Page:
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Патент USA US2405343

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Patented Aug. 6, 1946
2,405,343
UNITED STATES PATENT
OFFICE -
2,405,343
RUBBER HYDROCHLORIDE COMPOSITIONS
James P. Chittum and George E. Hulse, Passaic,
N. J., assignors to United States Rubber Com
pany, New York, N. Y., a corporation of New
Jersey
No Drawing. Application November 17, 1939,
Serial No. 305,006
6 Claims. (Cl. 260—771)
1
2
This invention relates to new compositions of
matter comprising rubber-hydrogen chloride re
hyde and ethylene polyamine in accordance with
action products, particularly to transparent ?lms
and lacquers.
An object of the invention is to provide a new
class of photochemical inhibitors for rubber hy
drochloride ?lms, particularly for transparent
the invention have been found to be more resist
ant to deterioration upon exposure to light than
?lms containing no added stabilizer.
The following table illustrates the improve
ments in aging obtained by incorporating 2% by
weight of the reaction product of an aldehyde and
rubber hydrochloride ?lms. Other objects wil1 be
an ethylene polyamine in transparent ?lms of
apparent from the following description.
rubber hydrochloride:
Hitherto the effectiveness of chemical sta 10
bilizers of rubber hydrochloride has been limited
Hts. of expo
Stabilizer'
sure until
by their lack of solubility in the ?lm, their vola
brittle
tility from the ?lm, or discoloration of the ?lm on
aging.
The present invention provides chemicals which 15
are compatible with rubber hydrochloride and
which enable the production of ?lms which are
clear and free from haze or color and which do
None _____________________________________ __
35
Butyral triethylene tetramine ________ ..
Butyral diethylene triamine _________ __
60
60
The ?lms (thickness, .001 inch) were aged in a
not discolor during light aging. The chemicals
standard Fade-Ometer at 110° F.
furthermore do not impart any odor to the ?lms 20 The reaction of aldehydes and ethylene poly
which makes their use as wrappers for food mate
rials desirable. Compared with other chemicals
previously used for the purpose the ?lms of the
amines is carried out by refluxing a mixture of one
to two mols of an aldehyde and one mol of amine
at an elevated temperature with or without the
use of a small amount of an acid, organic or in
present invention retain their usefulness longer
because of better retention of strength and ?ex 26 organic. Typical examples are given by Cadwell,
ibility.
U, S. Patent 1,843,443.
Broadly the invention comprises the use, as
The new stabilizers may be used with rubber
hydrochlorides having any hydrogen chloride con
chemical stabilizers in rubber hydrochloride com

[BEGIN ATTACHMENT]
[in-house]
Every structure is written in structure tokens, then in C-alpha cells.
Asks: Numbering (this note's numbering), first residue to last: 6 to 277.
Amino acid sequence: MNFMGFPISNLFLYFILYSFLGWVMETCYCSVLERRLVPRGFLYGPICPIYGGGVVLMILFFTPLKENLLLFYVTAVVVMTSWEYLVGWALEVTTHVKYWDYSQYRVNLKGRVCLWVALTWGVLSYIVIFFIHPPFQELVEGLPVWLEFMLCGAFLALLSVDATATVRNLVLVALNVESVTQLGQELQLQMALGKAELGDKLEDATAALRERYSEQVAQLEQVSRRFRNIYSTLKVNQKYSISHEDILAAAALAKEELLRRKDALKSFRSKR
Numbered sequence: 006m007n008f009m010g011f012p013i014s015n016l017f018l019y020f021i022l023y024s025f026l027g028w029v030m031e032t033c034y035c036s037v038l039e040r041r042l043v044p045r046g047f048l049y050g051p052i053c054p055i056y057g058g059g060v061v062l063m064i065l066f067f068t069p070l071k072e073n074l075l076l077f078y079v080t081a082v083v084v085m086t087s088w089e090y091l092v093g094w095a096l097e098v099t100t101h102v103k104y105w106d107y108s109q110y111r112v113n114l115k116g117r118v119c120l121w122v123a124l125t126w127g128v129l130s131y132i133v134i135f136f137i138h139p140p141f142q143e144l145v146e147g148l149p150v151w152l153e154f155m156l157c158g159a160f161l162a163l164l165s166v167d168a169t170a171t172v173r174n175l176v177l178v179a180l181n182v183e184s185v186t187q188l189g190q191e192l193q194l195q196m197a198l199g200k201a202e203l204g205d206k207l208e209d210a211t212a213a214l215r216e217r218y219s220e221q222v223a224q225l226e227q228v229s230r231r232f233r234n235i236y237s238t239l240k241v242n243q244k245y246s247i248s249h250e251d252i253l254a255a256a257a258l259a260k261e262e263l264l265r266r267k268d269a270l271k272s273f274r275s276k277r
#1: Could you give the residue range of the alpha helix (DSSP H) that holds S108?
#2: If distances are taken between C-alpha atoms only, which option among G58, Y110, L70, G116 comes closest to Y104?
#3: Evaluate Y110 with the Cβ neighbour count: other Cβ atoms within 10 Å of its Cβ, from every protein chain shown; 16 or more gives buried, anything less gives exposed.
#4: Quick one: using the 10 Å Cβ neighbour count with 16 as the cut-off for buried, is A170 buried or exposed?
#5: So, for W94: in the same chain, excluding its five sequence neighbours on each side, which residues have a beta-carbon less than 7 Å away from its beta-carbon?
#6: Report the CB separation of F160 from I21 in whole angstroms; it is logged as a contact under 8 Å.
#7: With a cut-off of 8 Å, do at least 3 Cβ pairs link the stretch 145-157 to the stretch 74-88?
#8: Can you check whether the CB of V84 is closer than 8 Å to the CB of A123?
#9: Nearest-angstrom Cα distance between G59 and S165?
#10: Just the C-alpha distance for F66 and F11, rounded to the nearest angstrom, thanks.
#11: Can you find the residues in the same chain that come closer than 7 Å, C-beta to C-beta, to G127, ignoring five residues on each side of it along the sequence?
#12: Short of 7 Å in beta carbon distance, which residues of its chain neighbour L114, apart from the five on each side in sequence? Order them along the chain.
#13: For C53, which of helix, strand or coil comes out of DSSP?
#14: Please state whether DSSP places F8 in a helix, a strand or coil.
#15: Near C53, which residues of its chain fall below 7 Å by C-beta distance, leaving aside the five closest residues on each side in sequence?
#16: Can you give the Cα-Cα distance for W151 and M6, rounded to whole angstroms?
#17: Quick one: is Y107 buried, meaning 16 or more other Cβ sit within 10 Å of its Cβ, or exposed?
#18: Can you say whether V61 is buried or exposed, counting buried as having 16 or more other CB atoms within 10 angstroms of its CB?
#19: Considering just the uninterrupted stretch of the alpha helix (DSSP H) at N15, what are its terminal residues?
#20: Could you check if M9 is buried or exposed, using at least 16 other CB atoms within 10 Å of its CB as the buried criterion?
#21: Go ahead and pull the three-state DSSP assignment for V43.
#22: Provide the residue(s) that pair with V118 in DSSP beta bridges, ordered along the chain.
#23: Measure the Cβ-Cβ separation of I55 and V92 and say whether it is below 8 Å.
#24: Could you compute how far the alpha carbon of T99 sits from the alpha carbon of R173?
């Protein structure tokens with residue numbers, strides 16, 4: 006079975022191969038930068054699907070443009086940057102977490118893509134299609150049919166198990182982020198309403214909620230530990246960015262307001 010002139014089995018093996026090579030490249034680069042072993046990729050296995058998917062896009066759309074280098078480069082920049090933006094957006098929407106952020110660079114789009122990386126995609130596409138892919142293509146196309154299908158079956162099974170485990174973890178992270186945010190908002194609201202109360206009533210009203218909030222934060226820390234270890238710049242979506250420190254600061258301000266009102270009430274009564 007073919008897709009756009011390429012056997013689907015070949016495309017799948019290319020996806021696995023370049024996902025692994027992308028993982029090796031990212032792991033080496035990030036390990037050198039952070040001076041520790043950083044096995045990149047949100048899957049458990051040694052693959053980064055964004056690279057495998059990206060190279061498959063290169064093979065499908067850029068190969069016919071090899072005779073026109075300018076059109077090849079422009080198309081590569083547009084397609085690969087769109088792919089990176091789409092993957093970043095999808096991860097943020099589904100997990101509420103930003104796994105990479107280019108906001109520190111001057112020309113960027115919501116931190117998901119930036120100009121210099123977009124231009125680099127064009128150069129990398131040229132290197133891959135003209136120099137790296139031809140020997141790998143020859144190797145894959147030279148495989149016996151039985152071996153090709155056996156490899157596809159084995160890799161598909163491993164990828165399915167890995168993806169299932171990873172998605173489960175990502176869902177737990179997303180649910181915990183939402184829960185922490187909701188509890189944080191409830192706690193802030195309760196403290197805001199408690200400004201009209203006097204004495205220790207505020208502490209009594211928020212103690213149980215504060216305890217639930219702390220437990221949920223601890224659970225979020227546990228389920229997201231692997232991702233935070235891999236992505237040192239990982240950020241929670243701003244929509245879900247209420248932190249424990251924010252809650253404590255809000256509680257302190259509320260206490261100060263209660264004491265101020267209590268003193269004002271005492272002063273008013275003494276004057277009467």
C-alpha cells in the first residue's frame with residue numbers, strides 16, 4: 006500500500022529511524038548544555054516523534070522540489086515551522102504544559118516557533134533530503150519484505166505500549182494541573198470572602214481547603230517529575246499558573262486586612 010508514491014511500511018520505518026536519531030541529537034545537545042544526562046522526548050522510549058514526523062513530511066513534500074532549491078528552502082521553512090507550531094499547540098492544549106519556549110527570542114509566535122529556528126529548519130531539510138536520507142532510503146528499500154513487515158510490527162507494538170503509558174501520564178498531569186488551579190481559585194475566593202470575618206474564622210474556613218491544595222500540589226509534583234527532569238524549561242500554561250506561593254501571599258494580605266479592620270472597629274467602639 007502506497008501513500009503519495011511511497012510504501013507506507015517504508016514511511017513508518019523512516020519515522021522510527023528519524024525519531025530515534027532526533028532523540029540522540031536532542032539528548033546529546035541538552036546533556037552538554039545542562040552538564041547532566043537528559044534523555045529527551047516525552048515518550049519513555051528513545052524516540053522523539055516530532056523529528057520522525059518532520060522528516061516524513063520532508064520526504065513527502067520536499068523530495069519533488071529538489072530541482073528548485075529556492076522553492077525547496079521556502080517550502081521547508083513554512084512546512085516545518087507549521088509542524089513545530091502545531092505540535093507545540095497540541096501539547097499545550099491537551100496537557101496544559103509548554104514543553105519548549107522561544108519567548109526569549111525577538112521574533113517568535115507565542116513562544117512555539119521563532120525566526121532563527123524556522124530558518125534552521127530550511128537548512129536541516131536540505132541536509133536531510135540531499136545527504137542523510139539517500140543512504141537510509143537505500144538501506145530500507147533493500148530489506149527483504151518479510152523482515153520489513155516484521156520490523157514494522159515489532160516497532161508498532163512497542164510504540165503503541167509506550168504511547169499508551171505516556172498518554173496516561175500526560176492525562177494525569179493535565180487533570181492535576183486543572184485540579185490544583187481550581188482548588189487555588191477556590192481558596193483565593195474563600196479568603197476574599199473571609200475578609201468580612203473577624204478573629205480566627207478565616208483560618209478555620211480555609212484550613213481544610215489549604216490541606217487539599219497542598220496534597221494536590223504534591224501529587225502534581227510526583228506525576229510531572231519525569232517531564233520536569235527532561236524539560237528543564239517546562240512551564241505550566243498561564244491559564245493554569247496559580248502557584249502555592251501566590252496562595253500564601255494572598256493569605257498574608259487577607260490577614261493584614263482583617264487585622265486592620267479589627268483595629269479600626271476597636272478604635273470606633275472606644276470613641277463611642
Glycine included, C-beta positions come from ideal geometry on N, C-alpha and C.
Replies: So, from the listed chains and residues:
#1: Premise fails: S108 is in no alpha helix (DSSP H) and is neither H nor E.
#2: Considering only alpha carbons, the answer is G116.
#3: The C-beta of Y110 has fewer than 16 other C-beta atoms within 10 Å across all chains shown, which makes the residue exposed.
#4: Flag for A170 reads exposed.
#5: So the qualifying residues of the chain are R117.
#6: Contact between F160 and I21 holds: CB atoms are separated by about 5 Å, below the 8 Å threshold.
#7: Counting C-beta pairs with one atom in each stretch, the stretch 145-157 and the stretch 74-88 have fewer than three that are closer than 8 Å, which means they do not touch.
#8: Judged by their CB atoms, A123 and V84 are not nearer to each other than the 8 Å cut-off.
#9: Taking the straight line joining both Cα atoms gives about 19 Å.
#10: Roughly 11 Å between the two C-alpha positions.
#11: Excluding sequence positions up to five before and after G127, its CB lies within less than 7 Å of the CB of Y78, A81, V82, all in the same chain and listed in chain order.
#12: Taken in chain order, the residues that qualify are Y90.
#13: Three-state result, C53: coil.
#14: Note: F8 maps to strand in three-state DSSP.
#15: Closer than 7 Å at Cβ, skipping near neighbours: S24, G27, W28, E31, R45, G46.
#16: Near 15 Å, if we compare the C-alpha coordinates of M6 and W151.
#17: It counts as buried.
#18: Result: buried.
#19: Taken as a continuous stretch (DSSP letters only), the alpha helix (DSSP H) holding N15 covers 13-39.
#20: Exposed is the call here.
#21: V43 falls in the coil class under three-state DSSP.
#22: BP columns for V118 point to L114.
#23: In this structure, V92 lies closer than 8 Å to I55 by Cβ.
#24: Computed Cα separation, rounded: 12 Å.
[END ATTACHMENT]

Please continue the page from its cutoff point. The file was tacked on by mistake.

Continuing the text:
positions, of the reaction product of an aldehyde
tent in the range commercially available, and es
and an ethylene polyamine. The aldehyde may be 30 pecially with rubber hydrochloride having a hy
aliphatic for example butyraldehyde, propional
drogen chloride content of over 30% and being in
dehyde.‘
'
the form of transparent ?lm suitable for photo
The rubber hydrochloride may be produced by
graphic ?lm or for wrapping purposes.
' passing hydrogen chloride gas into a rubber ce
The rubber hydrochloride stabilized by the v
ment, as disclosed by Bradley and McGavack 00 UI chemicals disclosed herein may be used in various
(U. S. Patent 1,519,659), or by reacting rubber
forms and for the various purposes for which
with hydrogen chloride gas at a low temperature
rubber hydrochloride compositions are generally
(disclosed by Gebauer-Fullnegg and-Mo?et U. S.
known to be used.
P. 1,980,396) or by any other method.
Having thus described our invention, what We
If the rubber hydrochloride is su?iciently solu 40 claim and desire to protect by Letters Patent is:
ble it can be made into a cement to which the
1. A rubber hydrochloride composition contain
reaction product of an aldehyde and an ethylene
a small amount of the reaction product of an
polyamine is added in such amount as has been
aliphatic aldehyde and an ethylene polyamine,
determined by experiment to give effective protec
said small amount being suf?cient to stabilize the
tion against light aging. The cement may then ' rubber hydrochloride.
be cast into ?lm or used as a lacquer.
2. A rubber hydrochloride composition contain
Some products of rubber and hydrogen chloride
ing a small amount of butyral-triethylene tetra
are not su?iciently soluble to form spreading ce
mine, said small amount being su?icient to sta
ments. The reaction product of an aldehyde and
bilize the rubber hydrochloride.
an ethylene polyamine may be incorporated into 50
3. A rubber hydrochloride composition contain
such rubber hydrochlorides by milling on a rubber
ing a small amount of butyral-diethylene tri
mill. Films can then be produced by calendering
amine, said small amount being su?icient to sta
the mixture.
bilize the rubber hydrochloride.
Rubber hydrochloride ?lms having incorpo
4. A rubber hydrochloride composition contain
rated therein the product of reaction of the aide 55 ing a small amount of the reaction product of
2,405,343
4
3
an aliphatic aldehyde and a polyethylene poly
amine, said small amount being su?‘icient to sta
bilize the rubber hydrochloride.
5. A rubber hydrochloride composition contain
6. A pellicle comprising a rubber hydrochloride
composition containing a small amount of the re
action product of an aliphatic aldehyde and a
polyethylene polyamine in which the terminal
ing a small amount of the reaction product of an 5 amino groups are primary amino, said small
aliphatic aldehyde anda polyethylene polyamine
in which the terminal amino groups are primary
amino, said small amount being sufficient to sta
bilize the rubber hydrochloride.
amount being su?icient to stabilize the rubber hy
drochloride.
>
.
JAMES P. CHITTUM.
GEORGE E. HULSE,
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